You can't sail while you're in drydock

dry dock (n): [nautical terminology] a large dock from which water can be pumped out; used for building ships or for repairing a ship below its waterline

In recent weeks, I've been (mostly) taking a break from wearing my writer's hat. While the book-that-shall-not-be-named is out with my beta readers, I'm deliberately not thinking about it.  I haven't been poking around in the file, haven't been obsessively hunting down typos and grammar flubs that made it through the umpteen edits, haven't been moving commas around as I second guess myself.

In part, this is because I think I'll be much better able to be dispassionate about comments from the beta readers if I have some distance from it and can read it with reasonably fresh eyes. Mostly, though, I really needed the break in order to concentrate on other things.

It's been a great hiatus - a lot of things that were hanging over me have now been fully dealt with, to the satisfaction of almost everyone involved. Many other projects at various stages of completion have been moved farther down their respective roads, with each phase giving way to the next in more-or-less seamless transitions, guided by my hand and propelled by my brainsweat.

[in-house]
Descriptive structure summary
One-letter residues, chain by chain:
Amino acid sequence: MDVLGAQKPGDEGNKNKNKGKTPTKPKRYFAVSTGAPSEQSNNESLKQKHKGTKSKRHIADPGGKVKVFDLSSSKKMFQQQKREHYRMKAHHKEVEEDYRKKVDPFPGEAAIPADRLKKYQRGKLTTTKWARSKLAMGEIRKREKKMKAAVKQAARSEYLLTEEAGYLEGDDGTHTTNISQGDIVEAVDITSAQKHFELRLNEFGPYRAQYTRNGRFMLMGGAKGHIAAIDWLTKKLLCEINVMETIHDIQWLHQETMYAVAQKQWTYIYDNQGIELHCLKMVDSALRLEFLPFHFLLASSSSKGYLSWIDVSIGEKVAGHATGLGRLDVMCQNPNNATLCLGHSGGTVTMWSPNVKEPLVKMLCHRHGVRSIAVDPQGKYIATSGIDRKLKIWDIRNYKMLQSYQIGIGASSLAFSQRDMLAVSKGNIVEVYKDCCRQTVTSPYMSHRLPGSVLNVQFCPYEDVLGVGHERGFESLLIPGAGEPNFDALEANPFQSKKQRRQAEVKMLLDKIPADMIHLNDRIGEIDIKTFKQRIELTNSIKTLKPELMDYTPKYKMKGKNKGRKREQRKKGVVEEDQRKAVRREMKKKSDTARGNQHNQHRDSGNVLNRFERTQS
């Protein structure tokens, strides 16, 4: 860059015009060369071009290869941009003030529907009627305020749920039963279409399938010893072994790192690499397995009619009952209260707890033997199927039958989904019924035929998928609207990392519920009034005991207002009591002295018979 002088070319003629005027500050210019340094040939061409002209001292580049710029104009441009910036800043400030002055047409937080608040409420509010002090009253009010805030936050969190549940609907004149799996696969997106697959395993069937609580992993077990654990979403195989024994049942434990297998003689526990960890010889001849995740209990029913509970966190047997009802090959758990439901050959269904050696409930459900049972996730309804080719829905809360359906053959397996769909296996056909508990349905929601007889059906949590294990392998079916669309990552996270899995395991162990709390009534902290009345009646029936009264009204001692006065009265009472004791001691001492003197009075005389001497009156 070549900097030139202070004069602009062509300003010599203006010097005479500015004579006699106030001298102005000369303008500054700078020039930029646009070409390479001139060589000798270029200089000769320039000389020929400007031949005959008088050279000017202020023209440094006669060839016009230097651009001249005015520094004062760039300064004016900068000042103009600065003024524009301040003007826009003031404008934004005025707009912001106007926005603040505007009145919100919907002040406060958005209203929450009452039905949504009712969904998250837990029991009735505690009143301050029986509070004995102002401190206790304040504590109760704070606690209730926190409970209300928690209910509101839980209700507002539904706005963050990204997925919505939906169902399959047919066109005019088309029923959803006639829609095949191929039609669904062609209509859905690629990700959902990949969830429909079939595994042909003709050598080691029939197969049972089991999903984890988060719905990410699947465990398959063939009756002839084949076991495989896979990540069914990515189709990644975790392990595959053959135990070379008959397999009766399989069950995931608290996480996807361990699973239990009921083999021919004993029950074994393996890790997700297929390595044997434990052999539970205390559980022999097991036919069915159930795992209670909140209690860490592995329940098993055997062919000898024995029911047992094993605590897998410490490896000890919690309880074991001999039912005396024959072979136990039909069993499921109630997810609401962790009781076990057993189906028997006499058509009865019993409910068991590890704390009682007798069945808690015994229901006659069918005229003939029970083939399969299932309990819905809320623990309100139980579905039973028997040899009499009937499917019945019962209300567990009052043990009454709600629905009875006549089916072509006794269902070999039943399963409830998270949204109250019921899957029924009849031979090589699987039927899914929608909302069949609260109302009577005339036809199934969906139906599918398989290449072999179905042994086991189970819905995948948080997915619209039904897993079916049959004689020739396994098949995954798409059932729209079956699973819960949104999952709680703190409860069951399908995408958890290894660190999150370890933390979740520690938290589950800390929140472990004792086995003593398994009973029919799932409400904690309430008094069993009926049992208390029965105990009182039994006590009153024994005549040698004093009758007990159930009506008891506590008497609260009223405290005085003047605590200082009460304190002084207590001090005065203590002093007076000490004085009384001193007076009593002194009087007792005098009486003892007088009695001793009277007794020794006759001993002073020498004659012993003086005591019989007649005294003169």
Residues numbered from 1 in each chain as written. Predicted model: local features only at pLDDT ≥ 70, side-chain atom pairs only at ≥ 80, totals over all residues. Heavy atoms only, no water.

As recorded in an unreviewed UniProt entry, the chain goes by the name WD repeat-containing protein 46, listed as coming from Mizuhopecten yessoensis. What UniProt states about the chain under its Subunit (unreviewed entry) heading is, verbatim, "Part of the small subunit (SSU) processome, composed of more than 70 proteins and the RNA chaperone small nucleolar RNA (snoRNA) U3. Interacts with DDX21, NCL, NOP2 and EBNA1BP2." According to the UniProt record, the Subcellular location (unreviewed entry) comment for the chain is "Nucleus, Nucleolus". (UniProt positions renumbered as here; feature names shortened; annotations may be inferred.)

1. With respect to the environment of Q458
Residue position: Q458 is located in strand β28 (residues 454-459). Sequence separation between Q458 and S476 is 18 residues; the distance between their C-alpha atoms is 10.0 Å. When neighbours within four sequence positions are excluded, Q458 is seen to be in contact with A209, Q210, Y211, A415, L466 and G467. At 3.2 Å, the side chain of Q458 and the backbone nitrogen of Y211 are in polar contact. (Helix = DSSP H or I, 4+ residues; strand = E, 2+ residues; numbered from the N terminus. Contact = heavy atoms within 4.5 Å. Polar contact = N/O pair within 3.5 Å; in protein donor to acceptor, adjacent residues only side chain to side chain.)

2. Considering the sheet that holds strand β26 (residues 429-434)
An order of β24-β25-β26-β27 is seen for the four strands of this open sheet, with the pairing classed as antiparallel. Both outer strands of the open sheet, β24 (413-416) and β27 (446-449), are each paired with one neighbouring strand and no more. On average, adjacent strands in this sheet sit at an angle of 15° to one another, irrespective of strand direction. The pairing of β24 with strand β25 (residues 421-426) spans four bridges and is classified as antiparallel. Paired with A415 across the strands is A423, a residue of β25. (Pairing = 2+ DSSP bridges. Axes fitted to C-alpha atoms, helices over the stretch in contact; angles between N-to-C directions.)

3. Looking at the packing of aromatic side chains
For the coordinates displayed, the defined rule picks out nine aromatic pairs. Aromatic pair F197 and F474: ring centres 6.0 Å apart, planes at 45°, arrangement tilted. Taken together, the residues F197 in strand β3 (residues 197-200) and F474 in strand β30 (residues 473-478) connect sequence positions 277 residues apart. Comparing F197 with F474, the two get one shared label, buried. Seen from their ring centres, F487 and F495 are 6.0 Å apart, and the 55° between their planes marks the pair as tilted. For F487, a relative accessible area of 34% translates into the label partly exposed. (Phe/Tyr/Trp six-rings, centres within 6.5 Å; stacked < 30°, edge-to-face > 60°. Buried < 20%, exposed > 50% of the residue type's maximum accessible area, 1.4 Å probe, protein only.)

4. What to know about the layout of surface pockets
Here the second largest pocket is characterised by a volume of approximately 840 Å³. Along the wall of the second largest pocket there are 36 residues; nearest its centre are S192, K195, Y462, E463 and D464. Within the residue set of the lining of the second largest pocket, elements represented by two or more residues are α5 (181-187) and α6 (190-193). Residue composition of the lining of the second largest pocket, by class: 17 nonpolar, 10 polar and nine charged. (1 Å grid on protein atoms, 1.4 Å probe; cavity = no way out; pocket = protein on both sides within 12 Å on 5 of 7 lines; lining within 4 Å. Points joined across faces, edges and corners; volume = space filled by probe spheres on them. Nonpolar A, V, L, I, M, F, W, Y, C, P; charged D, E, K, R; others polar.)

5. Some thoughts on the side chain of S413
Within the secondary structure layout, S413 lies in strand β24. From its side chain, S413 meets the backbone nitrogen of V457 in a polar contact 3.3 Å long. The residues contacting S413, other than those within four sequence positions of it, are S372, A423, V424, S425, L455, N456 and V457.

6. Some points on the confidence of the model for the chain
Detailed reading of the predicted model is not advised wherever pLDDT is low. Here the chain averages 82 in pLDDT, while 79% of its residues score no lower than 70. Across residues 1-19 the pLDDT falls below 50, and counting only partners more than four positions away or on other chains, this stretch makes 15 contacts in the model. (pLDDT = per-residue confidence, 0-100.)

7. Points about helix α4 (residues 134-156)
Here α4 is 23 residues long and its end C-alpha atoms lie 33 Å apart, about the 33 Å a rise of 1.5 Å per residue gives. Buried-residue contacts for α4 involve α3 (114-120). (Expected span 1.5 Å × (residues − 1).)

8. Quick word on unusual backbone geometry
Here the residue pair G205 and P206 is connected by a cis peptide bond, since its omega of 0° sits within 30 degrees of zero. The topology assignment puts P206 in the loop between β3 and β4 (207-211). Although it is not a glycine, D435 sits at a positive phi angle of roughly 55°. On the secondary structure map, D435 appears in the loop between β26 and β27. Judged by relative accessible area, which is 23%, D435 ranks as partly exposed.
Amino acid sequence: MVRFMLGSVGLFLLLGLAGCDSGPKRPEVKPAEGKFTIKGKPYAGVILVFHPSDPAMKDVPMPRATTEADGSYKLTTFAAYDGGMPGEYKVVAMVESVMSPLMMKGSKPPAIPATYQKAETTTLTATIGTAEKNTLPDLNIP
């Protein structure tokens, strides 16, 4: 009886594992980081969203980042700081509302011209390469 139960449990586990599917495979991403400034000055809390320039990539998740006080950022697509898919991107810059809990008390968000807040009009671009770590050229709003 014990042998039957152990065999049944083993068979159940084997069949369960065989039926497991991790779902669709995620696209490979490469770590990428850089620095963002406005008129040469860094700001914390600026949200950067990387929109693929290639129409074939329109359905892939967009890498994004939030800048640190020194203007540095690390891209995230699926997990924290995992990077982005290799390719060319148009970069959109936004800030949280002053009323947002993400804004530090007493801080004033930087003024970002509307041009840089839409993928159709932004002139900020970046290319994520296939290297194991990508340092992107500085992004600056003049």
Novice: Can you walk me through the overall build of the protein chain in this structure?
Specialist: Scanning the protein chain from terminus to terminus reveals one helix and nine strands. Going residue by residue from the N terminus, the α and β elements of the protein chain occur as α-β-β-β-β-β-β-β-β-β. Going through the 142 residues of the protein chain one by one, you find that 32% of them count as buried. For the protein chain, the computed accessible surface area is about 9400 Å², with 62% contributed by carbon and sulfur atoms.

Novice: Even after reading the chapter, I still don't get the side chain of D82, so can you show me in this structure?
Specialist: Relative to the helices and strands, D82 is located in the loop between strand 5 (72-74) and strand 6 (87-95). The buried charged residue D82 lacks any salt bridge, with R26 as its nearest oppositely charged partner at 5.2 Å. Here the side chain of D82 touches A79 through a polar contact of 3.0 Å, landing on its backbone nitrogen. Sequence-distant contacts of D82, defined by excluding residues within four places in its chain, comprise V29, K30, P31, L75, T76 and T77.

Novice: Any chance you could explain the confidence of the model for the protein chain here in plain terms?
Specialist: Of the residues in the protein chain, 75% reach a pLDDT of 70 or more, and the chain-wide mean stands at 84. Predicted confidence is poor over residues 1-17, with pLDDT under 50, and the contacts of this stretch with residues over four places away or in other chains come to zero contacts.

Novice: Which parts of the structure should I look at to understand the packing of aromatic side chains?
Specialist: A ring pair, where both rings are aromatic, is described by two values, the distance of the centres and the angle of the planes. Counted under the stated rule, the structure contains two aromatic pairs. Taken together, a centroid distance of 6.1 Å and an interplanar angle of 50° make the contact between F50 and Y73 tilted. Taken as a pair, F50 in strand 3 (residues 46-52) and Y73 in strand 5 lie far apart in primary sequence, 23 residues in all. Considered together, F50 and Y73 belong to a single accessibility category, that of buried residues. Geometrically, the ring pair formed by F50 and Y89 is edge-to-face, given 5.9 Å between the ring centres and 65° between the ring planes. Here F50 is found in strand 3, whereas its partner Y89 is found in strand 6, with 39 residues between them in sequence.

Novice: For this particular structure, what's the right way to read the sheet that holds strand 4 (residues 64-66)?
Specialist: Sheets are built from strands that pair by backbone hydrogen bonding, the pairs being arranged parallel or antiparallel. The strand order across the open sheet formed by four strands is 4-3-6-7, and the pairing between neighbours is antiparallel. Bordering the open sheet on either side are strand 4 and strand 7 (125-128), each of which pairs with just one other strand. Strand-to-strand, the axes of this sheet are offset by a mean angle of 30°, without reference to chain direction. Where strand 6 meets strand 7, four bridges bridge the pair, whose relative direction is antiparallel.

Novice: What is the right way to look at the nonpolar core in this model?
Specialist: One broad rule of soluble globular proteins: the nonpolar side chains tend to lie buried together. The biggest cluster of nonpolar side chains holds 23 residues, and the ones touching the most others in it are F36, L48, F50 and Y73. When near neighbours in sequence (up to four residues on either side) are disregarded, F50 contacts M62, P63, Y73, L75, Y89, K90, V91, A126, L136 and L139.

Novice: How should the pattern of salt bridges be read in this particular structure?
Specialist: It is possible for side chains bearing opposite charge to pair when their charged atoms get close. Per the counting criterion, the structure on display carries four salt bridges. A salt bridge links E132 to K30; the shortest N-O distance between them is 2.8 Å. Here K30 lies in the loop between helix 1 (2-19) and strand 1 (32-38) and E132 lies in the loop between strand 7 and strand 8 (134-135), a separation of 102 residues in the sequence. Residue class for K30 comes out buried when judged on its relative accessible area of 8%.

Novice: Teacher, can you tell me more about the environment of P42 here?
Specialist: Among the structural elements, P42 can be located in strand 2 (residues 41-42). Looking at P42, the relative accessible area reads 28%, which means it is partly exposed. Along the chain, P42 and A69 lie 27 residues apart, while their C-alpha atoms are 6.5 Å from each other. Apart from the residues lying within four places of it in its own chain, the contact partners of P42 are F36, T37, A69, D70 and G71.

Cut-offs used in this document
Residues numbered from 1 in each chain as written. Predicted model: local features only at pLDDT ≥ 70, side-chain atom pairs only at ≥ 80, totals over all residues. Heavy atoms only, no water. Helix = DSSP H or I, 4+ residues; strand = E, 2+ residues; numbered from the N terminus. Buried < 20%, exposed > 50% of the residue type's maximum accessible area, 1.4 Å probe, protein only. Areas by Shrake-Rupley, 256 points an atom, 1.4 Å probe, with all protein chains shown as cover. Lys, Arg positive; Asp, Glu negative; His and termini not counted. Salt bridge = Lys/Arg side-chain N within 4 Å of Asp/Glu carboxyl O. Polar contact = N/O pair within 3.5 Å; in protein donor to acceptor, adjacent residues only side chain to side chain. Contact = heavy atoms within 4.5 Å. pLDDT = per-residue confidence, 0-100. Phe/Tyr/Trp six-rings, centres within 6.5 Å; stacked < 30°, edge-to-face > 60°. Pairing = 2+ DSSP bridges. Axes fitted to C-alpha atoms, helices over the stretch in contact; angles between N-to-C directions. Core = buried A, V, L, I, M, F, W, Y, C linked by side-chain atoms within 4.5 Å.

Although the break from the writing mindset has had unfortunate consequences for the frequency (and perhaps the quality) of posts here at Landless and for the timeliness (and perhaps the quality) of my #FridayFlash stories and my poetry, it's served a purpose. It's always been important for me to take time for reflection, time to determine where I am, where I want to go and how I should get there.

Time spent in dry dock isn't time wasted. I've been making do with patches and kludges throughout this long trip; I'm past due for a full refit. Sometimes, I wonder that I've managed to stay afloat on this sea of words for so long, let alone stayed on course and brought cargo into port, a heavy load of ore destined for the inland refineries. True, my headway wasn't what I wanted it to be, but given the storms and heavy seas I ran into along the way, I won't waste time complaining.

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